Buenos AiresDestination guide: Buenos Aires, Argentina

Buenos Aires is the capital of Argentina and one of the most cosmopolitan cities in South America. Its main tourist attractions are the historical Plaza de Mayo, the Obelisk and the neighborhoods of San Telmo and La Boca. The latter is home to La Bombonera stadium and Caminito, a typical Argentine street that is full of handicrafts and souvenirs.

Dancers and tango groups in the majority of public spaces are also common. Purchase your tickets to Buenos Aires and discover everything Argentina has to offer.

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Buenos Aires - Transportation

With an underground subway (the Subte), a 24-hour bus system and a plethora of affordable taxis, Buenos Aires is easy to get around. The capital is a very walkable city, but when you need to cover a sizeable distance, the Subte or a cab is your best bet. Relying on public transport requires a bit of initial study. In this book, the nearest Subte or bus line is noted after the or [bus] icon for each listing.


The city has a huge and complex colectivo (bus) system, but it’s not particularly user-friendly for foreigners – stops aren’t announced, you need several coins to ride, and if you don’t have a good idea where you’re getting off, the bus will fly right past your destination.

The only way to make any sense of the system is to purchase a Guia T (bus guidebook), available at kiosks throughout the city. Locate your destination street in the index, flip to the indicated map page and grid box, then match a bus number from that box to your departure box, and you’re off. Most rides cost around $1.25.

Get on the bus with a handful of change and tell the driver the name of your stop, insert the coins into the machine and wait for a ticket to pop out. Coins are scarce in BA, making bus travel tricky – there’s talk of starting a more contemporary card system that doesn’t involve small change.

Public Transport


BA’s Subte ([tel] 0800-555-1616; www.subte.com.ar, in Spanish) opened in 1913 and is the quickest way to get around the city. In summer – and at rush hour – the cars are hot and crowded, so be sure to watch your valuables. Single-ride magnetic cards cost $1.10 and can be purchased at boleterías (ticket booths) in all Subte stations. To save time, buy a five- or 10-ride card, since queues can get backed up.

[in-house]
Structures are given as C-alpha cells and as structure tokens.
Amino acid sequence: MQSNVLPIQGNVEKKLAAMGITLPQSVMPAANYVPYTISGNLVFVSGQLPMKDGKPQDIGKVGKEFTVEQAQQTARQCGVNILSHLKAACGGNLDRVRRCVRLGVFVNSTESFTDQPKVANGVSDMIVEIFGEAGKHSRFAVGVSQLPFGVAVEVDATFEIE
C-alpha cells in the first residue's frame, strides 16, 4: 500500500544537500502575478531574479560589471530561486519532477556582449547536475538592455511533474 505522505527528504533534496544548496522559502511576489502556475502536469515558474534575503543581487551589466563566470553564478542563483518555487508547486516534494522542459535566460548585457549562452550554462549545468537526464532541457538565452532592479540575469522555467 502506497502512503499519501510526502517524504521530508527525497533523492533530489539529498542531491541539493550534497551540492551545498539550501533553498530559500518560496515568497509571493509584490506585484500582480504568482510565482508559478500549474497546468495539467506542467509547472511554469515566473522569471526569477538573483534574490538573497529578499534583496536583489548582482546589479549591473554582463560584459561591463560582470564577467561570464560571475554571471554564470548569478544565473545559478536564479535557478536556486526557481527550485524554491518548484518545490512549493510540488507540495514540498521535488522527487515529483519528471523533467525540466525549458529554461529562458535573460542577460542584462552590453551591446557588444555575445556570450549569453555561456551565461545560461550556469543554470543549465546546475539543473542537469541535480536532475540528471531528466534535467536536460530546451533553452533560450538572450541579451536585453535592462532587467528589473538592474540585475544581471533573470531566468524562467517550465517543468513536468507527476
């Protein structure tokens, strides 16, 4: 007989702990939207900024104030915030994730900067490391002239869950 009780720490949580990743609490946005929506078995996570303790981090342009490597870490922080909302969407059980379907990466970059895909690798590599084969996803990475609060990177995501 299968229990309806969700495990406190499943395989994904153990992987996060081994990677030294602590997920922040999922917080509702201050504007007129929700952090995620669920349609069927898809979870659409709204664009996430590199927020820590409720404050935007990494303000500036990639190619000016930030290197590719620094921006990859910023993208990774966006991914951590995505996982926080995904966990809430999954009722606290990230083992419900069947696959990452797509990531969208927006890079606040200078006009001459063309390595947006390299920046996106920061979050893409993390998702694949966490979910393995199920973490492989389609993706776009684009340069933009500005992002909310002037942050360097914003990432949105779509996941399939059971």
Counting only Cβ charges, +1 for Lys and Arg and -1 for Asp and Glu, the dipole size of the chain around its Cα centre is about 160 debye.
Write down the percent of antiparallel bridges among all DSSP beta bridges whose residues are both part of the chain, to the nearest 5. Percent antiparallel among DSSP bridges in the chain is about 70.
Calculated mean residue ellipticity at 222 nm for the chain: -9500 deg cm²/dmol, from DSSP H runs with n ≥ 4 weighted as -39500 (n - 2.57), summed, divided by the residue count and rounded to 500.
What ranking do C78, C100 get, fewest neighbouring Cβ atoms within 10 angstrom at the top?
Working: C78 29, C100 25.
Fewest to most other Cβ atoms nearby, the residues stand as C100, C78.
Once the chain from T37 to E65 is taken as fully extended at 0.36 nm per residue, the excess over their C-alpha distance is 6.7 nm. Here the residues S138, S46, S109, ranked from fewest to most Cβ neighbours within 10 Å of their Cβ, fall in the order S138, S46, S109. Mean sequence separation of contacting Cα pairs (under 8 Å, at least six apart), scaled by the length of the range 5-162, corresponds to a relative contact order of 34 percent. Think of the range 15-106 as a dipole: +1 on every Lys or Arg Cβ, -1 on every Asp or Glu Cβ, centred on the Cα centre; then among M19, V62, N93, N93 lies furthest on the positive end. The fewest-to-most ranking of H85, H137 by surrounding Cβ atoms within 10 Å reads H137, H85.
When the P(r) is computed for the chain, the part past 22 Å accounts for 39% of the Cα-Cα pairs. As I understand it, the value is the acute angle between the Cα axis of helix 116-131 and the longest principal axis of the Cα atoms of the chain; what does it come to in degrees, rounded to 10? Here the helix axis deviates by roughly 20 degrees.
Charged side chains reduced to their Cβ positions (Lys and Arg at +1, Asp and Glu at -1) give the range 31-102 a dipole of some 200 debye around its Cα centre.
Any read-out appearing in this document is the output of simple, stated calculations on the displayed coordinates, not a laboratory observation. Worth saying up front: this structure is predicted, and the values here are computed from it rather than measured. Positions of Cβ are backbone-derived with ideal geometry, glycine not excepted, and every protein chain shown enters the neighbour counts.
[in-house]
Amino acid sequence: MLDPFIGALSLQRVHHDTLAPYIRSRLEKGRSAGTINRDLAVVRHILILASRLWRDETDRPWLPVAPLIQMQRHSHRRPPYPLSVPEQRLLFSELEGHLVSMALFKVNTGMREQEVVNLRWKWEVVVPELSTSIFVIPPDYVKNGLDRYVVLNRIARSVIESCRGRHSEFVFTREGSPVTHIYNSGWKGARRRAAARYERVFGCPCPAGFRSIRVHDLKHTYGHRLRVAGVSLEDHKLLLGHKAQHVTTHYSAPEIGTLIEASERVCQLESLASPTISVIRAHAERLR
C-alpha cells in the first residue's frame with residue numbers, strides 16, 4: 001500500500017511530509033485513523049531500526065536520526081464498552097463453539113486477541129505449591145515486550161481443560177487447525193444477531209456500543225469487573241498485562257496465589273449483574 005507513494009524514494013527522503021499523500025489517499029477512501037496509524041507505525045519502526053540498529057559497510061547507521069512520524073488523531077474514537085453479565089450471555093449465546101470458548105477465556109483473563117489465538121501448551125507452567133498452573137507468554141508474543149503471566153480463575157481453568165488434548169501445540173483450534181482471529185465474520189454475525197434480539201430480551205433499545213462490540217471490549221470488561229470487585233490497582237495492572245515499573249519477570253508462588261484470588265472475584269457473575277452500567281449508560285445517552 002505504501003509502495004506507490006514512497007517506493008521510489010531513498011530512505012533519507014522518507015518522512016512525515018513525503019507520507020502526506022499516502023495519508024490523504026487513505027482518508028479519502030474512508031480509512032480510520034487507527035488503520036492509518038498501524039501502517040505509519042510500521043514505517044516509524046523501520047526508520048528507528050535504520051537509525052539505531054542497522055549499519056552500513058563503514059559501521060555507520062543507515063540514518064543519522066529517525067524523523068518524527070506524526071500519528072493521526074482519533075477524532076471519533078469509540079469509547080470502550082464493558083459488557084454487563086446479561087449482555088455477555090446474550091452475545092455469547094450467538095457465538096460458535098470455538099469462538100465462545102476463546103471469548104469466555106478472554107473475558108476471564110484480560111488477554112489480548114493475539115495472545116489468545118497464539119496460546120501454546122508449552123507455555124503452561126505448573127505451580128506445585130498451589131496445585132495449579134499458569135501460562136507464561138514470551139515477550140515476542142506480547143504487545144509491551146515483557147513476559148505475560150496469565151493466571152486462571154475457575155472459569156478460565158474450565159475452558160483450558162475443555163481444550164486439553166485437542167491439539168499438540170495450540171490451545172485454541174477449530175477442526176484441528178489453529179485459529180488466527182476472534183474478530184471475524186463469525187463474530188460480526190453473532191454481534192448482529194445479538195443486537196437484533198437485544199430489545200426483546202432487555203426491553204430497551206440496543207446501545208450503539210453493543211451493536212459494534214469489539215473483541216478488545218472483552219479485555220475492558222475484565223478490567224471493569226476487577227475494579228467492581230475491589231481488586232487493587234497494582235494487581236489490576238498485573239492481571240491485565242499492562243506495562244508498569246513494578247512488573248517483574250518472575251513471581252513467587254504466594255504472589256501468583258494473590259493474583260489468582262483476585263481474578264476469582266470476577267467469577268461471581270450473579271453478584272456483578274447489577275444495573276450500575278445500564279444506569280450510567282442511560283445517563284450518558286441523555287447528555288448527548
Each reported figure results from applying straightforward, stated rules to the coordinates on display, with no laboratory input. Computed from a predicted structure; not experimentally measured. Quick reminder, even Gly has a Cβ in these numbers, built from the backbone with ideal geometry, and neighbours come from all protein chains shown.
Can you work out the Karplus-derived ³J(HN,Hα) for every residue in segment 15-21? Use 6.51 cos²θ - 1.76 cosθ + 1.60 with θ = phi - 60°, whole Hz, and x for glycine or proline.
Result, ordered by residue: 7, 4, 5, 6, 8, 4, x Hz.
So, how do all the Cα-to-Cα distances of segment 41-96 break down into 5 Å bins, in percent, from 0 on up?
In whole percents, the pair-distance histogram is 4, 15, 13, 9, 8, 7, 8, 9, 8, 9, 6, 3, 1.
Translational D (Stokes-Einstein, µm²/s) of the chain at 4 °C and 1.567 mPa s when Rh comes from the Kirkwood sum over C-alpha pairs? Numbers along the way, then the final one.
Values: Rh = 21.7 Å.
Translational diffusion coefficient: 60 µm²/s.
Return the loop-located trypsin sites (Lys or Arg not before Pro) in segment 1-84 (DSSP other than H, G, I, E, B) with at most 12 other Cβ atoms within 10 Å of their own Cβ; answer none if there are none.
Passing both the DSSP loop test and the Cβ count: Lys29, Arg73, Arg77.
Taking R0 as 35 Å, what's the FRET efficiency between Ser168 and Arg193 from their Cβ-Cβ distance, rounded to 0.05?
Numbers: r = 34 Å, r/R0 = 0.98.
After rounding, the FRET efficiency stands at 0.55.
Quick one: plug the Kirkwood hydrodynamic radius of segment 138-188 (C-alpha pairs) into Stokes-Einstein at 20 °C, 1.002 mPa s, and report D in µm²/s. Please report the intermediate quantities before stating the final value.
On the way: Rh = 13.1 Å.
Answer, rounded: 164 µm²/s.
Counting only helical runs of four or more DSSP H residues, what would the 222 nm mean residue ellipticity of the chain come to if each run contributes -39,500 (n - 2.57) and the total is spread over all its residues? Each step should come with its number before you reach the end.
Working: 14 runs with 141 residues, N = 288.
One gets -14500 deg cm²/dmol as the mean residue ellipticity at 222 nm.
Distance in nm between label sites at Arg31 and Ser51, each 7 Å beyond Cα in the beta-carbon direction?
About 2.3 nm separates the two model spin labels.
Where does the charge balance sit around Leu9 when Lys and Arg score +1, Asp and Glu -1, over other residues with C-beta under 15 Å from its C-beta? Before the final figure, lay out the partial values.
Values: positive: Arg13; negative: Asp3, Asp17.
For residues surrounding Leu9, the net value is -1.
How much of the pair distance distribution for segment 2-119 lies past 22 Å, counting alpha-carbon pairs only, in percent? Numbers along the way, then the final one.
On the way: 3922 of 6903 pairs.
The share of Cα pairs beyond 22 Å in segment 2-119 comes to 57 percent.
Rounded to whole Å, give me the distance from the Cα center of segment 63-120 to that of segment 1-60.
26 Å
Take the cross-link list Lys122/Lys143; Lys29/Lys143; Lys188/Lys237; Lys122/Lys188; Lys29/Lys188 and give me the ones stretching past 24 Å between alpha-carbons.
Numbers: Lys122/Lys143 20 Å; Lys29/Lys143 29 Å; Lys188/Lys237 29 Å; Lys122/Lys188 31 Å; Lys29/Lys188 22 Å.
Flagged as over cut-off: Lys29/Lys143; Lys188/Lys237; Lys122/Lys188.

At some stations, the tracks separate the platforms, so make sure of your direction before passing through the turnstiles. Trains operate between 5am and 10:30pm from Monday to Saturday; and from 8am to 10pm on Sunday. Service is frequent on weekdays, slower on weekends.

Taxi Remise

BA’s black-and-yellow taxis ply the city day and night; you rarely have to wait long to hail one. Is suggested to hail a taxi with the words ‘radio taxi, ’ indicating that the vehicle is part of a licensed agency. The starting fare is $3.80, and drivers should always use the taxímetro (taxi meter). Tipping is not expected, but leave the small change.

Most rides within one area of the city cost around $12, up to around $20 across the city. Call Pidalo ([tel] 4956-1200) or Radio Taxi Premium ([tel] 4374-6666).
Remises (radio taxis) look like regular cars and don’t have meters. They cost about the same as street taxis,the fare is always established beforehand. Most hotels and restaurants will call a remise for you; it’s also a handy way to get to the airport. Try Remises Blue ([tel] 4777-8888).


For getting around the city, the only train that really comes in handy is the Mitre line, which makes getting from Retiro to Las Cañitas or Belgrano’s Chinatown a snap. At the ticket window inside Estación Retiro ask for tickets ($2) to Belgrano station on the Mitre line.